I have been very lucky over the past year as I have been able to be a part of the Public i – CitizenScape Pilot project in an advisory capacity. To be honest I would say that I gained far more than i contributed from listening and learning from the experiences of the participating councils who were practically rolling out a very exciting product to improve the engagement and participation of citizens and to provide a filter for council employees and councillors to understand what is being said online about their communities and services.
Before I start sharing my views – I want to at this point acknowledge the vision and persistance of Catherine Howe (and many of her hard-working team) to get to this point.
Let me start by explaining what i think CitizenScape offers councils in very few words and then I’ll use the rest of the post to set some additional context as to why i think and believe we should all have CitizenScape or something like it at the very least. You can check out the Public i site directly for the official details.
- It aggregates conversation and creates a single tag cloud across multiple sources of content
- It doesn’t assume all conversations will be in a digital space and can incorporate formal conversations
- It doesn’t have to be on the council website to offer value – the widget approach means it can be embedded on local websites
- It creates a starting point for listening to community conversation online
- It highlights issues that are relevant across all public service providers not just councils – Total Place style
Over the past couple of weeks I’ve seen a few blog posts referring to HyperLocal Websites and their value to the Local Council Websites as part of a wider Digital Strategy. I’ve also been reading with great interest the developments of Camden Council on their redesign and they are blogging some great insights over at the Camden Blog. Anyone interested in developing council websites should really check this site out.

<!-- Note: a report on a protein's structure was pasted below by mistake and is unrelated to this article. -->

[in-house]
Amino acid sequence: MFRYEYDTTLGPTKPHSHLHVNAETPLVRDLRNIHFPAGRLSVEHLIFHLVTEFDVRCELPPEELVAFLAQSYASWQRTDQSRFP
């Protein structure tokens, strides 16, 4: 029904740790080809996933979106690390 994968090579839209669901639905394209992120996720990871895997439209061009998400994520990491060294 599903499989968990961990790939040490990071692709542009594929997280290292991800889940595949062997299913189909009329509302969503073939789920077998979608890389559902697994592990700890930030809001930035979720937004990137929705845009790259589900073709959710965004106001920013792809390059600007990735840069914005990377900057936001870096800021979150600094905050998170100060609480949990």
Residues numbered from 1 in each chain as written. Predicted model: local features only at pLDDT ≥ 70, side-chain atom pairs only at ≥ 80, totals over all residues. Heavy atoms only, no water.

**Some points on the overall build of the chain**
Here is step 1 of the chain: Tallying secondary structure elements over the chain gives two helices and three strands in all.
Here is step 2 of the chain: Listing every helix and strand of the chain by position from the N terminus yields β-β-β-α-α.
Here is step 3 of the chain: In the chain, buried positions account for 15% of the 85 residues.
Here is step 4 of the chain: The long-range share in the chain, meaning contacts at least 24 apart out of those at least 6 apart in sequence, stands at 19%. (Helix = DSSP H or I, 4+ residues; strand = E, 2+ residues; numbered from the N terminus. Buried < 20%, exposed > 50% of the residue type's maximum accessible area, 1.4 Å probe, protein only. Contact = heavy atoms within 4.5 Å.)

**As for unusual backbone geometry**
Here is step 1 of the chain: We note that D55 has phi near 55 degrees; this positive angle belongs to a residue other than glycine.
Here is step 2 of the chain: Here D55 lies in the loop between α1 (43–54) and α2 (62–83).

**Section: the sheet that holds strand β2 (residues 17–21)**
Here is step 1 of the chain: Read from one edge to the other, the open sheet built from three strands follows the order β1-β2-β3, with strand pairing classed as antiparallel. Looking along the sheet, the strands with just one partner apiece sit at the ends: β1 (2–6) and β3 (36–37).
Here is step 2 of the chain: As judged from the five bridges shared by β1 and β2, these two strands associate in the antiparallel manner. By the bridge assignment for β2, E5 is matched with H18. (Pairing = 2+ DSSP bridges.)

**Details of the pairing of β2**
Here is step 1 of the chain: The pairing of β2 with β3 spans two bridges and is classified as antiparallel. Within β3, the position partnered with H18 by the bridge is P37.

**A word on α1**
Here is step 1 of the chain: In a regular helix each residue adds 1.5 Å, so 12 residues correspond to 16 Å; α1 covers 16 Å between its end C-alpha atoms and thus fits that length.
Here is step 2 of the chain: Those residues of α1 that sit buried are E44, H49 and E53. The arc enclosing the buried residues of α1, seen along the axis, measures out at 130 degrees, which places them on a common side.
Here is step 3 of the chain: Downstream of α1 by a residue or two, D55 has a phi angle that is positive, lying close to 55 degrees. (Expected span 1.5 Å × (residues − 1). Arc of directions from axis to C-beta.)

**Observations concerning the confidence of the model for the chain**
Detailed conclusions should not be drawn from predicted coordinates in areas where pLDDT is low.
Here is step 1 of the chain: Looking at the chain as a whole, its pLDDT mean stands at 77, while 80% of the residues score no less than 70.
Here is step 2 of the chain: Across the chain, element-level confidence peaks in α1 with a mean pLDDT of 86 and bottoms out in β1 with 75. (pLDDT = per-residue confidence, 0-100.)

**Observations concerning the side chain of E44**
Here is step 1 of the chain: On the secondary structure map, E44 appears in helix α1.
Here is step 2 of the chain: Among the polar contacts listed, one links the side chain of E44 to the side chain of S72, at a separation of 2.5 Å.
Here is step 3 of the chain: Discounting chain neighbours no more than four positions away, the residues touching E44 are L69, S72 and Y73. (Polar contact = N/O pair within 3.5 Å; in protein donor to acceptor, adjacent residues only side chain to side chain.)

They recently blogged about Hyper Local Websites and included some excellent video of Will Perrin from Talk ABout Local – They mention:
People don’t talk to the council, they talk to each other
The reality is people are the same online as they are offline. In the offline world, they talk to their neighbours, friends, family, at their local church or mosque and etc. In the online world, this concept does not change. People will be more open about their lives and the complexities they deal with in their everyday lives with people and in places they are comfortable doing so.
So the key thing for me here is that this is exactly what the CitizenScape model supports – no need for direct conversation with the council – Providing we know the conversation space exists we don’t require anyone to make extra efforts to inform us of local issues and need. We can simply use the tool to aggregate and consolidate and provide the overview.
If you are thinking about this kind of connection with local or HyperLocal communities then you should really find out about the CitizenScape project and look to see if this is something you can work with and if not, how you will address this gap.